Given the interest that Afro-Cuban culture has been receiving lately, I gladly accepted an invitation from a friend to go to a “violin ceremony,” and I dragged along Irina Echarry, one of the writers with Havana Times.
Each person being initiated into the Yoruba religion has their own “orisha*” to protect them, and in turn they must feed and take care of it. The orishas are celebrated in annual fiestas, one of which is the violin ceremony. This time it was dedicated to the seductive and maternal Oshun; she’s the goddess of the river, and I believe the youngest of the saints in the Yoruba pantheon that is acknowledged here in Cuba.
The fiesta had already begun when we arrived at the nicely laid out house in the Vibora Park neighborhood. We went through the front room, which was full of believers, and then proceeded into the ceremony room. We presented ourselves and respectfully greeted Lyalorde, who was also the person known as the queen.
On an altar covered with a yellow and golden cloak was “the stone” representing the orishas, protected from people’s looks and surrounded by delicacies.
A keyboard, tumbadora drums, maracas, bells and of course violins in the musicians’ hands all helped liven up the party, but what was most impressive was the singer: an older black woman who with her songs and dances transported us to an atmosphere very different from where we had first found ourselves.
The first songs were dedicated to the dead, and to my surprise they were waltzes and typical Cuban compositions adapted to what was sung. Following the orders from the violinist and the facilitator, the guests had to join hands and hum certain chords together.
This, I admit, made me feel a little ridiculous and out of place. A little girl must have noticed that same thing because she kept staring at me.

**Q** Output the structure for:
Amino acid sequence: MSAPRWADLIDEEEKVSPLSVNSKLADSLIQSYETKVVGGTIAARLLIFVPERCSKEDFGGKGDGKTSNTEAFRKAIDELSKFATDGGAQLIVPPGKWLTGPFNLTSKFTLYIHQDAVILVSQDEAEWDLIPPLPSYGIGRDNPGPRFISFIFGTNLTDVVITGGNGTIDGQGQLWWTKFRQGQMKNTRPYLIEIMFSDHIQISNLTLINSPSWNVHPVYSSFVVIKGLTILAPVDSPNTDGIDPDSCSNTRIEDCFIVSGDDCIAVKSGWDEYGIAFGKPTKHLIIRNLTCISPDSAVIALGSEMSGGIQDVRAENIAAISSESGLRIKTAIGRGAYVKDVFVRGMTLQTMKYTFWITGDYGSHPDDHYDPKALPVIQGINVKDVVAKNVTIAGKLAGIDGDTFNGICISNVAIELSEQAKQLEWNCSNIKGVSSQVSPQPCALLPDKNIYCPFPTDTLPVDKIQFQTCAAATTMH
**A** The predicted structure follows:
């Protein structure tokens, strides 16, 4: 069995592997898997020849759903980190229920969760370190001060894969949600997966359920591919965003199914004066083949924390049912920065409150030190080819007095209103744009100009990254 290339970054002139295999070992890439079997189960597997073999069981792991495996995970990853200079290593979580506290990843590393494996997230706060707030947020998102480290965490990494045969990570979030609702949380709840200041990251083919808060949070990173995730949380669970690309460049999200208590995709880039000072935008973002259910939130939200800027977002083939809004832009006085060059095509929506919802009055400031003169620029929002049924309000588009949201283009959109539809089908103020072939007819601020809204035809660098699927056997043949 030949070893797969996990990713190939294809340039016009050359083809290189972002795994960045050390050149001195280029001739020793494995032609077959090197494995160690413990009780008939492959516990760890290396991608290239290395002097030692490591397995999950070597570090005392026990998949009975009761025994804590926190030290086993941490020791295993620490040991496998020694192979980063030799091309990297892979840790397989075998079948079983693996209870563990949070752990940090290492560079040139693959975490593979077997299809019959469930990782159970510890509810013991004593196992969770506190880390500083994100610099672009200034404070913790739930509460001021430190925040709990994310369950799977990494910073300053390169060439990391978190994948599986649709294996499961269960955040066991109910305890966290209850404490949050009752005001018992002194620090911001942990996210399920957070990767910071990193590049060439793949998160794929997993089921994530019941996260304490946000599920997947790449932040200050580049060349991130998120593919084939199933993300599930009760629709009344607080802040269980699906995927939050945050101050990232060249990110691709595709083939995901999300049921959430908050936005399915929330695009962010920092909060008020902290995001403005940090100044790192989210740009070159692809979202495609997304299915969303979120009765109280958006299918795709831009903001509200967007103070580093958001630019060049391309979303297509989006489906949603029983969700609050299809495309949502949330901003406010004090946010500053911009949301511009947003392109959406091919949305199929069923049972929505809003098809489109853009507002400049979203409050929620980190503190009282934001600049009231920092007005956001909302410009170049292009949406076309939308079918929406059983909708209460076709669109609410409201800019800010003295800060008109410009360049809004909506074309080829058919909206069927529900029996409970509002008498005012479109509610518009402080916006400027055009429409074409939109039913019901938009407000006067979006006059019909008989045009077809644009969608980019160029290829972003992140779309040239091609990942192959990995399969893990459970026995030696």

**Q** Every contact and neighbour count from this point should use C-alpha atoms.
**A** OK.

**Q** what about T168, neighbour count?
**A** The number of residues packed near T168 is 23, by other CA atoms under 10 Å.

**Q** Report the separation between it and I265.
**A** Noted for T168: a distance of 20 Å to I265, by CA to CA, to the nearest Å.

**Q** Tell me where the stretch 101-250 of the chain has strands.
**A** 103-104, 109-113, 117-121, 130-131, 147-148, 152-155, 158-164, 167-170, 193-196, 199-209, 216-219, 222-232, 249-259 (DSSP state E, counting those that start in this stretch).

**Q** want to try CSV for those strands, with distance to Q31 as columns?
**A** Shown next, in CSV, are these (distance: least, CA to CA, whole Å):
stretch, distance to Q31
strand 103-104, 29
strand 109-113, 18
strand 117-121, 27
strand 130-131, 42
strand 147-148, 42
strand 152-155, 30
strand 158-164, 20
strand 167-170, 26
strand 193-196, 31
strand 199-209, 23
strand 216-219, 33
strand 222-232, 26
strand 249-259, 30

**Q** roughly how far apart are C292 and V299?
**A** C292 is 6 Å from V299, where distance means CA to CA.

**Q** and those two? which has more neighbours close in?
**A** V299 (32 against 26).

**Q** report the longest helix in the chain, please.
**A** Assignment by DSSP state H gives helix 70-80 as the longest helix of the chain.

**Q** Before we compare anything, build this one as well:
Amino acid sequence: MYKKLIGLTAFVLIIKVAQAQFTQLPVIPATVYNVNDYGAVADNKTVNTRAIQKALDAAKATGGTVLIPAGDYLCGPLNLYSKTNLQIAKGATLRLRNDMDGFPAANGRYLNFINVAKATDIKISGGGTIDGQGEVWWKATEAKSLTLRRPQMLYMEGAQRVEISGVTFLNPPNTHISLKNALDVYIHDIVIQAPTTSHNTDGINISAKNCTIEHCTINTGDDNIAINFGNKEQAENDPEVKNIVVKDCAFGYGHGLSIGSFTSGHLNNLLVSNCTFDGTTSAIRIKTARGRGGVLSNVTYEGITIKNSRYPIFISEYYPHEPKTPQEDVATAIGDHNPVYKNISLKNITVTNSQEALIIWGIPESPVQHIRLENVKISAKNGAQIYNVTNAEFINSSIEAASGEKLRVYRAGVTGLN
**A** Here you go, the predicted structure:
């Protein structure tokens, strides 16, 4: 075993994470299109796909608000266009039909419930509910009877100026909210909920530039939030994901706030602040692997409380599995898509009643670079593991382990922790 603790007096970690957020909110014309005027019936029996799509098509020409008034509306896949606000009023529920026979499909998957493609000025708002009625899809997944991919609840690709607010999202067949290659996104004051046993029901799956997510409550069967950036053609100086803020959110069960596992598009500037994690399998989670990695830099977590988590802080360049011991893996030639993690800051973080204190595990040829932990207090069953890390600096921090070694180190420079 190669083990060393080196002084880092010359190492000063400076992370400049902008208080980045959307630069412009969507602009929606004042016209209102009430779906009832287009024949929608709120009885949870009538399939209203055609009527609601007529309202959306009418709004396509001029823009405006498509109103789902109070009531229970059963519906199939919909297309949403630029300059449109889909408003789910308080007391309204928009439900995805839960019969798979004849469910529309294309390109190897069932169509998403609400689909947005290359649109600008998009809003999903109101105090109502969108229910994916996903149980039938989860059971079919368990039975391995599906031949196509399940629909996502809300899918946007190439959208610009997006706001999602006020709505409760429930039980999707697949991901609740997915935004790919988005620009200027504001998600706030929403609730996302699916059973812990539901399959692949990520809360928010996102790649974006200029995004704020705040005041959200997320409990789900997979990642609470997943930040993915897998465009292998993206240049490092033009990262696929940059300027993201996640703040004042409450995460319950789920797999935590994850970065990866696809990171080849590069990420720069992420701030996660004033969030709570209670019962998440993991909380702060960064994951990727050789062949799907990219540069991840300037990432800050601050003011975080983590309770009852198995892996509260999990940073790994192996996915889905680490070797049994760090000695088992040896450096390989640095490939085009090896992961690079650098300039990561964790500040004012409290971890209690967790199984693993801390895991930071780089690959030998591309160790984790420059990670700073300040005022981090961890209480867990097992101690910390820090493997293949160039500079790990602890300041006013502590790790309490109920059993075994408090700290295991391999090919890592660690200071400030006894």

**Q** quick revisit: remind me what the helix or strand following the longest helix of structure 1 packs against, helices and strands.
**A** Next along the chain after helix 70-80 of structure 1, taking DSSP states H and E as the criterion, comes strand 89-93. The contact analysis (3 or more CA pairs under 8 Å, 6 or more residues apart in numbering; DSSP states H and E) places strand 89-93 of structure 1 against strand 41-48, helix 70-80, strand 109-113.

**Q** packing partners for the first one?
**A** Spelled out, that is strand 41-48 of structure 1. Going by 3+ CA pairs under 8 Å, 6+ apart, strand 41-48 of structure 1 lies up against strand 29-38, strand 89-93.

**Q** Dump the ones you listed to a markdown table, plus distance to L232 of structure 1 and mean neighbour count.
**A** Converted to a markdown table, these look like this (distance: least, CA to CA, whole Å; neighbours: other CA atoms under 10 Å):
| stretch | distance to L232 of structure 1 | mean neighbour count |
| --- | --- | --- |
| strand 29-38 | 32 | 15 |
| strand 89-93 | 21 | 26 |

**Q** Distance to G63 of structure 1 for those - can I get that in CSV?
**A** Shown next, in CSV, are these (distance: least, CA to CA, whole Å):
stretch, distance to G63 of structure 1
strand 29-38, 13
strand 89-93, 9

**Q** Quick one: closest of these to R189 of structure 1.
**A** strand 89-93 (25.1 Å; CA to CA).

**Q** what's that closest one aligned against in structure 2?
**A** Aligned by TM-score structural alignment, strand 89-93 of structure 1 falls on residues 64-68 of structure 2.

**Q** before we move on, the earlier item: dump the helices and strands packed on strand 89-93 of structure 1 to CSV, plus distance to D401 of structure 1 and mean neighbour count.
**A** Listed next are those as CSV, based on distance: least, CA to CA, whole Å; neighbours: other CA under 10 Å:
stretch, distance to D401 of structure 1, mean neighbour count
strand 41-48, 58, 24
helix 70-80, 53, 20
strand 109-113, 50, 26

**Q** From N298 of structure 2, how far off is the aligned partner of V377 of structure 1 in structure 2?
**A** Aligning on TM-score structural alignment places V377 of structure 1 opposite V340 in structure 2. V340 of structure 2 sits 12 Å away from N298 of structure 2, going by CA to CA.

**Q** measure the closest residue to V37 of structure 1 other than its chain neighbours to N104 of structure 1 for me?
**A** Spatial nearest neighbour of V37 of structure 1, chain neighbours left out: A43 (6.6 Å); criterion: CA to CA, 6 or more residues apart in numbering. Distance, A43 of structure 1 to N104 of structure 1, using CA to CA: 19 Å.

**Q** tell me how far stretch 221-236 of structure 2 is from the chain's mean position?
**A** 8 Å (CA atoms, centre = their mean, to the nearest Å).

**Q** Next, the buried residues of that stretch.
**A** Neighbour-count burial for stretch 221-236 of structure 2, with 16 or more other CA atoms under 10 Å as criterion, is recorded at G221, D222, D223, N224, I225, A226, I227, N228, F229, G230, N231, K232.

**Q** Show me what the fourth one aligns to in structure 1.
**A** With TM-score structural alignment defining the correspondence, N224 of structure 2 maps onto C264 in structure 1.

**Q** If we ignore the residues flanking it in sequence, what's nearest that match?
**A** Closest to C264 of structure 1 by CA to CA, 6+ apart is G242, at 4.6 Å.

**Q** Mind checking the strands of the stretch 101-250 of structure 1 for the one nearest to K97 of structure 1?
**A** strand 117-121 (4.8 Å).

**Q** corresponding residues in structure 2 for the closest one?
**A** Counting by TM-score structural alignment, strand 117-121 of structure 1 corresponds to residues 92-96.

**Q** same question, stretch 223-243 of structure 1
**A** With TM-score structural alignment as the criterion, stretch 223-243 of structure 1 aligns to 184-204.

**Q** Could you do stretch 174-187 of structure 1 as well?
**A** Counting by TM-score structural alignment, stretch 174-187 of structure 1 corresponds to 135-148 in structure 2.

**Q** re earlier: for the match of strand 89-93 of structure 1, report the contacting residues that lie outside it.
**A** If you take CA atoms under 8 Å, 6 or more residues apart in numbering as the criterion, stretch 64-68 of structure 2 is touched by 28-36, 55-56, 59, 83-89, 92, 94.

Our discrete exit was already planned when the songs to the saints began. The saints, or orishas, are pleased with songs characteristic of Yoruba culture, and these captivated the two us as well. For that moment we forgot about leaving.
People began to dance, with the young women performing in a sensual manner that I can’t explain. The violin ceremony is very soft and it doesn’t seek to bring down the dead and saints from heaven like other ceremonies do; even so, some of the dancers began accepting the spirits of the saints into their beings (it’s very easy for that to happen with rhythms that are so monotonic and energetic).
Irina and I wandered around with our nerves on edge, our teeth clenched and the muscles in our faces contracted from the energy congregated in the small room. The multitude, the beer, the repetitive bells, girls dancing and their beings being taken, cigarette smoke, heat, fatigue from standing all that time, the sensation of strangeness… and there was me, trying to imagine how a ceremony like this would be if it were authentic.
I was already close to the point of being spiritually entered when the religious songs to the saints were substituted for a homage to the living. They immediately put on reggaeton and salsa, and the ceremony transformed into a regular house party – the kind that always drive me away.
They formed a “soul train” and everything. Irina and I joined in it after being yanked over to link up with the other “freight cars.” Left with no other choice, we enjoyed it. Following the orders of the facilitator (now MC), we were supposed to bend down shaking our hips – but we hid; we preferred not to, and in the end we evaded the difficult challenge.
It was a healthy atmosphere with fantastic people, but even so, we again thought of making our escape. Just a few feet from the door we were surprised by the woman who had invited us, and her presence made us realize what a snub such an act would have been.
So I thanked her, just as the distribution of boxed snacks began. These were filled with sweets that were incredibly rich!
They must have cost a fortune! I stood there reflecting on that point, about the tremendous expenses involved in becoming sainted, and how difficult it would be even if I wanted to. The facilitator must have used his divinatory powers to read my mind, because at that very moment he said loudly, so that everyone could hear: “When one decides to throw a party for Oshun, money just appears. She sees to it that it’s found. She helps you out with things.”
After toasting with cider, people finally began to leave. It was in that atmosphere of the party breaking up that the godfather of the ceremony came up to us, affable and drunk. He asked if we had enjoyed ourselves saying, “We try to make people feel comfortable, even if they’re from a different culture.”
(*)Orishas are the emissaries of Olodumare, the omnipotent god of the Yoruba pantheon. They govern the forces of nature and the matters of humans.